Compromise Wasn’t A Commandment: Catholic Bishops Reject Obama’s Birth Control Proposal
The U.S. Conference of Catholic Bishops has made a decision about President Obama’s proposed compromise on the contraception mandate included in the Affordable Care Act. They’ve decided that they don’t want to compromise at all.
After more than a year of protests and lawsuits, the President came forward with a plan that would let religiously affiliated institutions like Catholic hospitals and universities file for an exemption of the contraception mandate. Insurance companies themselves would pick up the cost of birth control coverage for these institutions’ employees, because preventing unwanted pregnancy is normally a good thing for an insurance company’s bottom line. For the religious institutions themselves, they’ve already had a separate exemption where the government would pick up the tab for birth control coverage.
However, the Catholic Bishops don’t believe that Obama’s latest proposal goes far enough. They don’t want to compromise on the issue at all. Cardinal Timothy Dolan says that second exemption makes hospitals and schools “second-class citizens” in the religious organizational hierarchy. And that the new proposal still doesn’t address private business owners who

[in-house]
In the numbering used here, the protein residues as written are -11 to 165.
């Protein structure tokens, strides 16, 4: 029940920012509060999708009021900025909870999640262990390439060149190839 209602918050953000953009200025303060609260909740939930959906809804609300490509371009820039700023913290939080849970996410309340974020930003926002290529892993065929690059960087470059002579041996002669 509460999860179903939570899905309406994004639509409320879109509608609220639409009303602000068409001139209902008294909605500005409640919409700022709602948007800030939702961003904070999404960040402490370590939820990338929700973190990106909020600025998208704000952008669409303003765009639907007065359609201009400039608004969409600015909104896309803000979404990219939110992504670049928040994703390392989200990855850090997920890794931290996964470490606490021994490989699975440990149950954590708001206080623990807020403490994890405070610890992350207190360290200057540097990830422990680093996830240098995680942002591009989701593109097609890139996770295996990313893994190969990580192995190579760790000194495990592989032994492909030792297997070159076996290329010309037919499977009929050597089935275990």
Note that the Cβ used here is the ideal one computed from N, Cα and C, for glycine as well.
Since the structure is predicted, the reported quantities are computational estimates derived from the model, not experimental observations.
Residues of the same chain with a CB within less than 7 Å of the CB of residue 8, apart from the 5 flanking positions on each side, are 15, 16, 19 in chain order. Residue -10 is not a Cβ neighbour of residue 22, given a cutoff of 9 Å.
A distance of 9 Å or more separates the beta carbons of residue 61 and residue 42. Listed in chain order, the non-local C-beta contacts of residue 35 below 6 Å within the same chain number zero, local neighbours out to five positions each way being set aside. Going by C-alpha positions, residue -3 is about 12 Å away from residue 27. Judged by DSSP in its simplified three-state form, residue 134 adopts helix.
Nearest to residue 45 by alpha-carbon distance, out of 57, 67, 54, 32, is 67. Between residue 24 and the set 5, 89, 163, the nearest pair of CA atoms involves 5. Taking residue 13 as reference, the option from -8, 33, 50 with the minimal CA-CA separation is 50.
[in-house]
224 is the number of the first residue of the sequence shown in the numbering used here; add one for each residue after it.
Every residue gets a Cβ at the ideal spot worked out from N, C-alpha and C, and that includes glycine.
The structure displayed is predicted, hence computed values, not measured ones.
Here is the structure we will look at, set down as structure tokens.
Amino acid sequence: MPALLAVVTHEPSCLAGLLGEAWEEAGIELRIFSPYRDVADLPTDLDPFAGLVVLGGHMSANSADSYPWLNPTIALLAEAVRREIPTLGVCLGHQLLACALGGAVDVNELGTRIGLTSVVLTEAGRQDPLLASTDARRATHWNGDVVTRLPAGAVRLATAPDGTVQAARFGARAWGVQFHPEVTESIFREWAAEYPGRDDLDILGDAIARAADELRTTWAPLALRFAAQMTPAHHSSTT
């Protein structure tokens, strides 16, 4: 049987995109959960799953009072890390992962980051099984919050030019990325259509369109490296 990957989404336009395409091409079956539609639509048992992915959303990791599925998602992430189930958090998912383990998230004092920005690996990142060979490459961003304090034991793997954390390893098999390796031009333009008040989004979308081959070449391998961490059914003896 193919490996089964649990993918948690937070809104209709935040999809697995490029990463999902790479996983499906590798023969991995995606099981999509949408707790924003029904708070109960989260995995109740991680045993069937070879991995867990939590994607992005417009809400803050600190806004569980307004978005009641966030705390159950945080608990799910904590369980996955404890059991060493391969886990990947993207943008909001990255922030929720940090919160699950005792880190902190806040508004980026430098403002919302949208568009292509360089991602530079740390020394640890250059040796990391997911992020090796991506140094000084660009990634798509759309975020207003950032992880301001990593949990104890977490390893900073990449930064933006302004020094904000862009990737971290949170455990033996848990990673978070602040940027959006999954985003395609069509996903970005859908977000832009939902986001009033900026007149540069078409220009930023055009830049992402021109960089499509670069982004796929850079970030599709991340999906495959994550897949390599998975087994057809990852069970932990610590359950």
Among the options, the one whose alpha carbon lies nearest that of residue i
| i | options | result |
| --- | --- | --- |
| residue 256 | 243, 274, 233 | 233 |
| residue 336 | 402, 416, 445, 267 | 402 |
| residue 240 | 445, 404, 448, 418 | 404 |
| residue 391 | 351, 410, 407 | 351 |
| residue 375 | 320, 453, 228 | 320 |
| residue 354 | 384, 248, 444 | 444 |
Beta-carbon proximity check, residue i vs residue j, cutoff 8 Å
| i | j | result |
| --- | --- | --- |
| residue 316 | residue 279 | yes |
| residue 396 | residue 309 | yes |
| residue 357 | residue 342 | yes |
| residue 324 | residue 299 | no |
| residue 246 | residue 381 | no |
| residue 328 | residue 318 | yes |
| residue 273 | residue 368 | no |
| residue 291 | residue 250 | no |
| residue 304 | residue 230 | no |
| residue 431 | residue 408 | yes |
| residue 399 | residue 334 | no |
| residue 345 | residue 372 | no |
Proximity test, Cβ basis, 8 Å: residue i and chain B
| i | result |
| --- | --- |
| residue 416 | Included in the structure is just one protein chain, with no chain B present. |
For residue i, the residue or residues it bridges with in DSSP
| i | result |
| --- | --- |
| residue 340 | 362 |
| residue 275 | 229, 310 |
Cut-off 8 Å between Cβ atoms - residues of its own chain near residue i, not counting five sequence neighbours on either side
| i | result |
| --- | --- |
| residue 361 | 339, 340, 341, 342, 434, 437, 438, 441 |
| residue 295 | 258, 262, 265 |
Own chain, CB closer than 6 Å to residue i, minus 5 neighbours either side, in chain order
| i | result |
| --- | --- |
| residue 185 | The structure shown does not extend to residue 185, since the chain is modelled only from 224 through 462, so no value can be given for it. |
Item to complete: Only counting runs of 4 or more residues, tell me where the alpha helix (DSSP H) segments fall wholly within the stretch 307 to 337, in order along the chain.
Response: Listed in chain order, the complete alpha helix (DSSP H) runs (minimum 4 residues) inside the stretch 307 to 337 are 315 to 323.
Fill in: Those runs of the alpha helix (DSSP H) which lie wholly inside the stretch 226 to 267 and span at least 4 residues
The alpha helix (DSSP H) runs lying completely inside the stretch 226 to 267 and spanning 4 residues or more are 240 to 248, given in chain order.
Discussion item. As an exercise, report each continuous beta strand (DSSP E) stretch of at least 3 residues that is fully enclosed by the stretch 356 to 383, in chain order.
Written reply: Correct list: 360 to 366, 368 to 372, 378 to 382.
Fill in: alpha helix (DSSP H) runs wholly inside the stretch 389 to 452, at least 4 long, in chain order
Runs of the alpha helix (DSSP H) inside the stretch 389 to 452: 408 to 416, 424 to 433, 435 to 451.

don’t want to pay extra money for anythingÂ are morally against the idea of providing contraception covered.
Dolan maintains,Â “We have been assured by the administration that we will not have to refer, pay for, or negotiate for the mandated coverage. We remain eager for the administration to fulfill that pledge.” His comments prove that the Bishops are not expecting to do anything themselves to help with this process. They’re just going to sit back and keep demanding that less and less people are forced to provide coverage for a medical necessity that 98% of women will use at some point in time during their childbearing years.
The problem with this whole idea of a birth control compromise is that only one side really wants the measure to succeed. President Obama wants every woman to be able to access birth control, if they should choose to use it. The Catholic hierarchy does not want any woman to use birth control. I’m not sure that these two sides will ever really agree, no matter who is paying for what and which institutions are exempted from such and such.
The fact is, the birth control mandate has overwhelming support. Modern women in our country know and understand how important contraceptive access is. Hopefully, President Obama can find a way to appease the religious institutions who are opposed to the mandate. But if he can’t, I’m more concerned with helping families than with any Bishop’s moral objections that he wants to force upon thousands of women.